About William Henry Seward

“Lincoln’s Indispensable Man”

To most people the name William Henry Seward brings to mind the Secretary of State under Abraham Lincoln and Andrew Johnson. It was during Johnson’s presidency that Seward negotiated the purchase of Alaska from Russia on March 30,1867 for 7.2 million dollars. At the time this purchase was thought to be a waste of money and was given the nickname of “Seward’s Folly” or “Seward’s ice box”. (The cost was approximately 2 cents per acre). On Jan 3, 1959 Alaska became our 49th state . After Seward retired at the end of the Andrew Johnson administration, a neighbor in Auburn asked Seward what he considered his greatest achievement as Secretary of State. He replied,“The purchase of Alaska, but it will take the country a generation to appreciate it.” The purchase of Alaska was a high point of a political career that spanned over 40 years and began in New York State.

The caption reads: “Old Mother Seward: ‘I’ll rub some of this on his [President Johnson’s] sore spot. It may soothe him a little.'”

William Henry Seward was born on May 16,1801, in an area of rolling hills and fertile farming county, just 60 miles north of New York City, the 4th of 6 children, to Samuel Seward, physician, landowner and land speculator in the small village of Florida. The Seward family came from Wales and William’s grandfather was a colonel in the New Jersey Militia during the Revolutionary War. William Henry Seward was born in a house built in 1797 on the Main Road of the village. At the time there were only a dozen buildings in the village of Florida, located near the meeting house, The Presbyterian Church. The Seward house consisted of 5 rooms on the main floor with a staircase leading to a large loft made up of 2 bedrooms with sloping walls and a large chimney. The Sewards owned three slaves who lived in the kitchen and the attic above it. Henry spent time in the kitchen listening to the slaves tell stories and thought of them as people rather than slaves. In his autobiography written later in life, he referred to the slave quarters as “a refuge from the stern decorum of the parlor”. He also saw a neighbor’s slave being abused and at a young age and was incensed by the gross injustice.

William was a sickly child and his poor health caused the family to plan to send him to college. William started school in a one room school a half mile from his home. At nine, he was sent to the Farmer’s Hall Academy in Goshen where he boarded. When he was fifteen he attended Union College, a liberal arts college in Schnectady and feeling that his clothing marked him as coming from a small village he ordered expensive clothing from a local tailor. His father refused to pay the bill and William rebelled, left college and traveled to Georgia where he found a job teaching in a small town. When his parents located him his father was angry and his mother distraught. (William Henry does not fit our picture of the well behaved child of the early 19th century and 21 century parents can identify with Williams moody, resentful behavior.) After nine weeks he returned home and completed his college education at Union College where he graduated Phi Beta Kappa and was admitted to the New York State Bar in 1821.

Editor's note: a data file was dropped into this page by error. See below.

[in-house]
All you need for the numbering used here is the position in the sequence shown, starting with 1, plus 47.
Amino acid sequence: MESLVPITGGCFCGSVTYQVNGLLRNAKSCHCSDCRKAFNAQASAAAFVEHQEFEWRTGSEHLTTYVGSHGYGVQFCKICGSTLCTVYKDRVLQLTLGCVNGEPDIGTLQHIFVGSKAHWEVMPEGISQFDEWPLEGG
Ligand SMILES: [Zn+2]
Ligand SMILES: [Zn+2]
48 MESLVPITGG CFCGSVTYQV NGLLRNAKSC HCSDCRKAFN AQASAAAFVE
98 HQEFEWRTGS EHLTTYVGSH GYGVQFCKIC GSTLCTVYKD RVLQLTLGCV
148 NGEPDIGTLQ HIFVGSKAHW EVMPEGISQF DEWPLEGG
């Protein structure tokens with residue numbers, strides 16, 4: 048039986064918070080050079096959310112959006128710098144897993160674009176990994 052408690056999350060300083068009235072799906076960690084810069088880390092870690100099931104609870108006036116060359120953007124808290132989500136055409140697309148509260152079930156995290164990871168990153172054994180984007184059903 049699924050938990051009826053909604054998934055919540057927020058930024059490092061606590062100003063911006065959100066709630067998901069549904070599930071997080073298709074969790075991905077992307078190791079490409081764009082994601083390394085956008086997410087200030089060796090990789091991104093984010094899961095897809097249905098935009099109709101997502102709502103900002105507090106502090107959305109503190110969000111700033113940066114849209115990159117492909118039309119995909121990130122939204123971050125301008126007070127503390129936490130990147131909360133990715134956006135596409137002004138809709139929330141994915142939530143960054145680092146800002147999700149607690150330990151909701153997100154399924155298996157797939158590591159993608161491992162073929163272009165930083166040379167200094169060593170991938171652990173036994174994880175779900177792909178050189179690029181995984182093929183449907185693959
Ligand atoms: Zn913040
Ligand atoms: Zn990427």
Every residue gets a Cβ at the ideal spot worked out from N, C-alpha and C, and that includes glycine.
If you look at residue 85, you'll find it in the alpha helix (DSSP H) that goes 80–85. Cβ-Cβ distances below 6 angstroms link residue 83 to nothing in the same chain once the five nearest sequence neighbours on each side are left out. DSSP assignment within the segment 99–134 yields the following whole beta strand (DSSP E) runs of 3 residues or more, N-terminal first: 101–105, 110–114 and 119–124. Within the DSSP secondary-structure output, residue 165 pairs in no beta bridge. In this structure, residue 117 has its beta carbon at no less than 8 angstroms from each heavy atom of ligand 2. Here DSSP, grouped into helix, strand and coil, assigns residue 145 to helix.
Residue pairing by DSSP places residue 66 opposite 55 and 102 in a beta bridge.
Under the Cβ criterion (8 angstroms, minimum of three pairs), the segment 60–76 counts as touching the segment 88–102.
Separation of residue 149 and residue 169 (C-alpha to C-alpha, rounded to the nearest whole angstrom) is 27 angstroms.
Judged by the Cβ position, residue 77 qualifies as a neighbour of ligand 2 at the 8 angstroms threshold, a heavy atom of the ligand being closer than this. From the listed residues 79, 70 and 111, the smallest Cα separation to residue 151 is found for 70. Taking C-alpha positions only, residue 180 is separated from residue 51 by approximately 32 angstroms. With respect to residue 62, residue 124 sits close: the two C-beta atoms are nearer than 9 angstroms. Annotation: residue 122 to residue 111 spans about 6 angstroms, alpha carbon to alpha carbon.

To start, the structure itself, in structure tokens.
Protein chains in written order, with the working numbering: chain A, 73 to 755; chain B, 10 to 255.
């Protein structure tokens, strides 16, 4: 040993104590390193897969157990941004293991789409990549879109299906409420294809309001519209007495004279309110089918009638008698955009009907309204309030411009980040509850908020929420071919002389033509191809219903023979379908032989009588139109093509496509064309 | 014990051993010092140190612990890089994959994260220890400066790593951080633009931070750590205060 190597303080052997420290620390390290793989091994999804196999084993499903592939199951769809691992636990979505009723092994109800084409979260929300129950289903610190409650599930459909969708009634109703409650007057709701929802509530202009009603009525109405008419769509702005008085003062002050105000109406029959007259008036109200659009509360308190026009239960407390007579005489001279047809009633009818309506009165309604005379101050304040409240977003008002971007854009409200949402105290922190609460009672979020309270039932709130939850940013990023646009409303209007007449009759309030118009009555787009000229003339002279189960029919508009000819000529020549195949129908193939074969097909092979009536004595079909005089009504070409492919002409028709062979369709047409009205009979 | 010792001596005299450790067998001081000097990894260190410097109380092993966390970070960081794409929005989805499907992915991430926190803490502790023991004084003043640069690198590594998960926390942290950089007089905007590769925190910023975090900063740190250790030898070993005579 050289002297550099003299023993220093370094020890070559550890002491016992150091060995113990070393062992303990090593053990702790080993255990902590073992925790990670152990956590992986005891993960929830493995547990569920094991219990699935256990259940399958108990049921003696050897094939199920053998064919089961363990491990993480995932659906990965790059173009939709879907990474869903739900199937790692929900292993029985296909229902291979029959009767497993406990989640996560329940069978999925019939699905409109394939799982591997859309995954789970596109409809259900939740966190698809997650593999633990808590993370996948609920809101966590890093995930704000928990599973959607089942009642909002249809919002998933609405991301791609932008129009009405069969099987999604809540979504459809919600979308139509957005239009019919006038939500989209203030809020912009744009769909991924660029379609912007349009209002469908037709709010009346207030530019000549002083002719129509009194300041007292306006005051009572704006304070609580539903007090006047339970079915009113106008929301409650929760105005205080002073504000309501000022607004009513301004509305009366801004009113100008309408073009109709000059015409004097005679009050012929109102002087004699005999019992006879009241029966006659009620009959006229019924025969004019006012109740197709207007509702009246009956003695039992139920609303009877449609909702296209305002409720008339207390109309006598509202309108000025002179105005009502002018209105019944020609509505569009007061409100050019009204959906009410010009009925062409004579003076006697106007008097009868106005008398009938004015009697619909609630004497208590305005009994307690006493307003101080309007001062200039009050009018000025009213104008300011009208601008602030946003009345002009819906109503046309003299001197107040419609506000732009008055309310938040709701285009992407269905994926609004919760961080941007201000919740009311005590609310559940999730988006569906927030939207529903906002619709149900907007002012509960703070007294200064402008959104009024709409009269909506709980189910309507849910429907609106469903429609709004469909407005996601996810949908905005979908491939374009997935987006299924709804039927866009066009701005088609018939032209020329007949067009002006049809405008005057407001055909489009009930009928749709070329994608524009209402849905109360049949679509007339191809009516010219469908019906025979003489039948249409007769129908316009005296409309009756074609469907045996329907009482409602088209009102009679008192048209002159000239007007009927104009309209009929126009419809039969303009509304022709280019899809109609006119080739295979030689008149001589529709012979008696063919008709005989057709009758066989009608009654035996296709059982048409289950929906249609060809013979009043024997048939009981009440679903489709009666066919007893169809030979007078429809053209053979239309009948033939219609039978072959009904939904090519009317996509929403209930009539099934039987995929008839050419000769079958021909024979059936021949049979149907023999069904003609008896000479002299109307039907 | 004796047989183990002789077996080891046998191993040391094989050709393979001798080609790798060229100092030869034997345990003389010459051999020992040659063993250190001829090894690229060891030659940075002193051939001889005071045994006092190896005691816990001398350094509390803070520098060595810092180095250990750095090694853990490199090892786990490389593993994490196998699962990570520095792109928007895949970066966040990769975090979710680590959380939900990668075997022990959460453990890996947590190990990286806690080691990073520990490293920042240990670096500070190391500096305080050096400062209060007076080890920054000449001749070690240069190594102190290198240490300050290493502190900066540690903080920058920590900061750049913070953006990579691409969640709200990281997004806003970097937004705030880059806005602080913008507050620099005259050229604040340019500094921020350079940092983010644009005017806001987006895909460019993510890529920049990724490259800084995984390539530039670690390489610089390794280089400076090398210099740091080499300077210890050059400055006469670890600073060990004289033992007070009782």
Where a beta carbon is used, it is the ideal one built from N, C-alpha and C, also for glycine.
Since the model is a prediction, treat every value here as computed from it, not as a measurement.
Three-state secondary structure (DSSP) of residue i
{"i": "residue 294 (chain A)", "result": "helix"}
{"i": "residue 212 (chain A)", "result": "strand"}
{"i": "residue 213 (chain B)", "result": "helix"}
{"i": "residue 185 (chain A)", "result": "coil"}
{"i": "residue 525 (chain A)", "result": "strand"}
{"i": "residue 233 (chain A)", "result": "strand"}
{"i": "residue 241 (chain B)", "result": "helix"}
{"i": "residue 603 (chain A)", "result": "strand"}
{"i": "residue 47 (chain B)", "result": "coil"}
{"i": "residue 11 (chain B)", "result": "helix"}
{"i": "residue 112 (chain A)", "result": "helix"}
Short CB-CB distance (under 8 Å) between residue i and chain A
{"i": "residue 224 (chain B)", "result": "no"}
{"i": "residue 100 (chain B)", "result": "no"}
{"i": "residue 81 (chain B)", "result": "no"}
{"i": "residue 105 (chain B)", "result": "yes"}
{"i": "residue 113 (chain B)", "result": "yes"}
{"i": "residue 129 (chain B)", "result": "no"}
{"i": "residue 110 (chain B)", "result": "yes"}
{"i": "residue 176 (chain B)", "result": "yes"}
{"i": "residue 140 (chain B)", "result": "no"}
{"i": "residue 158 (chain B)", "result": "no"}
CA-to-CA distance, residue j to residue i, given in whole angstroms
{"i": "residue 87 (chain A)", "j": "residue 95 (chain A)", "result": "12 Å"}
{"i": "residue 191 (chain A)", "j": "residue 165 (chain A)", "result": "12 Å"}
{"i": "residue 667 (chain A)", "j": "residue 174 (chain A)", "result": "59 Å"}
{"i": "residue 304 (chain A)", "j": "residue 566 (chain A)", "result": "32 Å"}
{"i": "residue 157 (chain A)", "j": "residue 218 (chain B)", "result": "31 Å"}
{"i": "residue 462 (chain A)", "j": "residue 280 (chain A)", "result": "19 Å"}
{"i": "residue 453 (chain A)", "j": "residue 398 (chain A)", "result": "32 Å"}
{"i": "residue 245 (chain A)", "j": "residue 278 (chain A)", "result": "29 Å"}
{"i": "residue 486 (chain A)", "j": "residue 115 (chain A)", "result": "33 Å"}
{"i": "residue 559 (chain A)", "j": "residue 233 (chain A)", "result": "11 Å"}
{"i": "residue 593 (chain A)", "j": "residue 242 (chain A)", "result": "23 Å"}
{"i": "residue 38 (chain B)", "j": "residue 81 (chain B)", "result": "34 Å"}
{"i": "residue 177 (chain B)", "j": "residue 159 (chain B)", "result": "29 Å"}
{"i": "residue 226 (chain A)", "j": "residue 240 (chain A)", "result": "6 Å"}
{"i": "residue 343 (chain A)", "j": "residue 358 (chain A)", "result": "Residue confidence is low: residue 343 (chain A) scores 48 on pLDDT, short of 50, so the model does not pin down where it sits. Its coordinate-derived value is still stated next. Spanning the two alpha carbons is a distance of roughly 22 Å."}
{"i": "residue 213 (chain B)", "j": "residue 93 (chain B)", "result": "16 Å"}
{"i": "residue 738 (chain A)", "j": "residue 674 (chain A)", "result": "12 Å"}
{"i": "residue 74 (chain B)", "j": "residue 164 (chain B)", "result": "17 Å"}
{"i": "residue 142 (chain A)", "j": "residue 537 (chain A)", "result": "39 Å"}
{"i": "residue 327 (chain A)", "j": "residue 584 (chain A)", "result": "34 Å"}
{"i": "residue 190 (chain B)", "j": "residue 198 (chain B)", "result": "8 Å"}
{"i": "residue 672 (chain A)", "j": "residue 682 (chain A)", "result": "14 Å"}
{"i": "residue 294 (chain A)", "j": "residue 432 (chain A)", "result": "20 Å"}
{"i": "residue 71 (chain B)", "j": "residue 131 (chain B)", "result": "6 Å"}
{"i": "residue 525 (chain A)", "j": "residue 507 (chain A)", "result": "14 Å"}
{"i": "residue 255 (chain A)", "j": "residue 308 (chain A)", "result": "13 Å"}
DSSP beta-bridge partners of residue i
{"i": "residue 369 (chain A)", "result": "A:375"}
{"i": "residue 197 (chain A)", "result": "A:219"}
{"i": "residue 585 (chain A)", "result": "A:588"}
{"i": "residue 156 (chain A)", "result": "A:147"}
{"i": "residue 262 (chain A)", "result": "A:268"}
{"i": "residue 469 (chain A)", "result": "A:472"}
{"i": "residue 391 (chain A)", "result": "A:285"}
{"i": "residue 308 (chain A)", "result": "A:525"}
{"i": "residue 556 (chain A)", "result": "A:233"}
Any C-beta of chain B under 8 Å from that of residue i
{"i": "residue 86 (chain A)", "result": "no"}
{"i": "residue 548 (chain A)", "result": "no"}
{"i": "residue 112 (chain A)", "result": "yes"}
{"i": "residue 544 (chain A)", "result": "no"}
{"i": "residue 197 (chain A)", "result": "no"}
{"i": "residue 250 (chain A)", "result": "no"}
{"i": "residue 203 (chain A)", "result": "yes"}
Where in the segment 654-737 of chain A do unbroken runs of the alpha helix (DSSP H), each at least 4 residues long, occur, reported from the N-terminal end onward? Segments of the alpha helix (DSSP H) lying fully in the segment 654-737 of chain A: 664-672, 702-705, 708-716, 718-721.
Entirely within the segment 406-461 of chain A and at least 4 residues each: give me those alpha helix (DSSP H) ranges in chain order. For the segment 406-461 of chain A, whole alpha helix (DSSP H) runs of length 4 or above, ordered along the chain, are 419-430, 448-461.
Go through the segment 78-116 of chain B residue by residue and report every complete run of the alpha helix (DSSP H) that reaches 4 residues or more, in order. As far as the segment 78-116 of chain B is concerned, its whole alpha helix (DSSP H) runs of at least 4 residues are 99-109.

After studying law with Judge Miller in Auburn , New York, he became his partner and married the Judge’s daughter Frances in 1824. They had 4 surviving children, Augustus, Frederick, William Henry and Frances (Fanny) While practicing law Seward entered politics in 1830 and was elected to the New York State Senate and then Governor in 1838 and 1840. As state senator and governor he promoted prison reform , increased spending on education, supported state funding for schools for immigrants and expanded the state canals and railroads.

William Henry and Geraldine FerarroAs U. S Senator, elected in 1849, Seward became the leader of the anti-slavery Whig Party. He believed that slavery was morally wrong. In 1858 he delivered a famous speech where he said that the free North and the Slave south would lead to an “Irrepressible conflict” and the nation would eventually become either an entirely slaveholding nation or an entirely free-labor nation. Although he was the favored candidate for President on the Republican ticket in 1860, he lost to “Dark Horse” Abraham Lincoln due to his strong stand on abolition. Despite losing the nomination, Seward loyally supported Lincoln in his campaign. When Lincoln was elected Seward accepted the position of Secretary of State and became Abraham Lincoln’s “Right Hand Man”. His greatest accomplishment as Secretary of State during the Civil War was keeping England and France from openly supporting the Confederacy.

William Seward has often been neglected and overshadowed by Abraham Lincoln. However, In 1873 Charles Francis Adams delivered a Eulogy of Seward at the N.Y. State Legislature. He said “It was Seward with his grasp of both domestic politics and foreign affairs who had carried Lincoln through the first difficult months of the Civil War”.

Written by Linda Dubin and edited by John Kimiecik, of  The Florida Historical Society.


Florida, New York, Orange County, An early look at its Faces, Places, and Winding Staircases by the Florida Historical Society

William Henry Seward, Lincoln’s Right Hand by John M . Taylor

35 North Main Street • Florida, New York • 10921
Contact: Seward/Mapes Homestead c/o The Village Hall of Florida • 33 South Main Street • Florida, New York • 10921 • 845-651-7626
Email: board@sewardhomestead.org